Bridging a Catholic Divide: Odd-Couple Friendship Brings Pro-Life, Social Justice Agendas Together
Allen, John L., Jr., National Catholic Reporter
WASHINGTON * Cue the music from "The Odd Couple": Defying all political logic, it turns out that the chief staffer for the U.S. bishops on pro-life issues and their top expert on peace-and-justice causes are friends, as well as partners in trying to advance a seamless "life and dignity" agenda.
For the last four years, Thomas Grenchik, executive director of the bishops' Secretariat for Pro-Life Activities, and John Carr, executive director of their Department of Justice, Peace and Human Development, have tried to prove that it's possible to bridge one of the most notorious divides in American Catholic life.
Under other circumstances, there might not be much noteworthy about two bureaucrats who draw paychecks from the same group becoming pals. Anyone familiar with the history of the U.S. bishops' conference, however, understands that bishops invested in pro-life and social justice causes, as well as the staffs-who served them, haven't always worked and played well together.
Given the massive sociological and ideological chasm that often separates pro-life and peace-and-justice activists in America, the friendship and working relationship between Grenchik and Carr seems an important bit of symbolism.
Recent events have proven it's not just a friendship built on sand.
Last year, Carr became a target for pro-life activists when it emerged that he had once chaired an antipoverty group that, well after he left, took positions in favor of abortion and gay rights.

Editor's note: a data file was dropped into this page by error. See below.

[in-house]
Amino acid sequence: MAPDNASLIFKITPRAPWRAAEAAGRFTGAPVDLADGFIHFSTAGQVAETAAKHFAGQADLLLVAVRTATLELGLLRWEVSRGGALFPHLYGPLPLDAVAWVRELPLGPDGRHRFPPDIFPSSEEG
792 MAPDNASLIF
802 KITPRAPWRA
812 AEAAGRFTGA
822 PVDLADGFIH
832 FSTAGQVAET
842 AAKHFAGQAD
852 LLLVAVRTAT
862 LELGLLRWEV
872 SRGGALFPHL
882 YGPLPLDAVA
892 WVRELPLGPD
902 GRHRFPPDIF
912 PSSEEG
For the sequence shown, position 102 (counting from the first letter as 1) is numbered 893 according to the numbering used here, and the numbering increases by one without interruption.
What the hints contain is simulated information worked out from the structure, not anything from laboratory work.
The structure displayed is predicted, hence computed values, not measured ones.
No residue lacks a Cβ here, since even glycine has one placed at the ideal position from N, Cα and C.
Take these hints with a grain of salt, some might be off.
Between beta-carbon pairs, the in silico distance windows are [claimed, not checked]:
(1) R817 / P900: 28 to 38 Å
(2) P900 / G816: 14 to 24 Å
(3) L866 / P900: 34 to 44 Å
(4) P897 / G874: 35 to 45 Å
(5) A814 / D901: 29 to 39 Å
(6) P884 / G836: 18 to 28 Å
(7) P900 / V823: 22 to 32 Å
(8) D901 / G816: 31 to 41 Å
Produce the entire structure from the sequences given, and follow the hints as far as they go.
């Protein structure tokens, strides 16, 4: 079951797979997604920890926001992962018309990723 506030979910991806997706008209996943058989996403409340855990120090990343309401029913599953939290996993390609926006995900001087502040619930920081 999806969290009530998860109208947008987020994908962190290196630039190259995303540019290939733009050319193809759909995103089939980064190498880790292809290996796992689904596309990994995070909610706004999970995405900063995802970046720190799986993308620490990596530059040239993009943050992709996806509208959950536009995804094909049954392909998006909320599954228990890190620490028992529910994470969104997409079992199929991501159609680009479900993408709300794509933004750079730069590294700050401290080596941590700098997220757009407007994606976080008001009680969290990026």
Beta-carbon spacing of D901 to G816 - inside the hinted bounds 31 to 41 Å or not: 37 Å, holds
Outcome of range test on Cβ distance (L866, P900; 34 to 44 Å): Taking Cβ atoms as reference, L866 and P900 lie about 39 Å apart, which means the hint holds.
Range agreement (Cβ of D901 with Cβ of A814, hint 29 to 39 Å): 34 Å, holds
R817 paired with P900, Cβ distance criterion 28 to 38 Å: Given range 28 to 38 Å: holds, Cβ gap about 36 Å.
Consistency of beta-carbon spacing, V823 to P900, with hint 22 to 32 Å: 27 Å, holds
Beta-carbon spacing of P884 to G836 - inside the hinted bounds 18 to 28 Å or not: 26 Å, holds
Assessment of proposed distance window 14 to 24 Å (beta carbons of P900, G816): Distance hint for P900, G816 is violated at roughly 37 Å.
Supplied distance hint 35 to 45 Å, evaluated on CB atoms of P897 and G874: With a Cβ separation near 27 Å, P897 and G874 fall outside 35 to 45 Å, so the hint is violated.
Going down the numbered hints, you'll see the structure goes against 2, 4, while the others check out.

It ripped the lid off a hornet's nest of objections some pro-lifers have long harbored about the U.S. bishops' social justice operation. Targets included the Catholic Campaign for Human Development and its alleged links to groups that support "reproductive rights," as well as the annual Catholic Social Ministries Gathering and a few allegedly dubious speakers.
When Carr risked becoming a poster boy for those frustrations, Grenchik and other pro-lifers in the conference came to his defense.
Grenchik dispatched an e-mail on Feb. 2 to pro-life leaders across the country, insisting that Carr is "staunchly pro-life," and adding he played an important role in leading the charge against abortion funding in the health care reform debate. Because Grenchik and the office he leads carries strong credibility in the pro-life world, his testimonial helped calm the waters.
Asked if backing Garr cost him political capital, Grenchik shrugged off the question.
"That's life," he said during a recent interview. "It's more important to stand up when there's an injustice, and John's character was being personally attacked."
Carr obviously returns the favor. After a recent round of musical chairs inside the bishops' conference building in Washington, Carr lobbied to have the pro-life staff join him on his floor--claiming, he said, that the social justice and pro-life people are not only both mission-driven, but also "more fun."
Grenchik and Carr sat down for a conversation with NCR at the headquarters of the bishops' conference Dec. 13 to talk about how the conference can help the American church put its divided pro-life and social justice constituencies back together.
Both men say they believe in their bones that defending unborn life and defending immigrants and the poor, opposing gay marriage and opposing the death penalty, are part of one comprehensive stand in favor of human life and dignity Both also concede that's often not how things play out at the Catholic grass roots.
"The perception and the reality is that too often we're factions, not part of one family of faith," Carr said.
Both say they're determined to do something about it.
After Grenchik arrived in 2006, the Pro-Life Secretariat became a formal cosponsor of the Catholic Social Ministries Gathering. That had not previously been the case, and insiders read it as a sign of rapprochement between the pro-life and the peace-and-justice infrastructure of the conference. …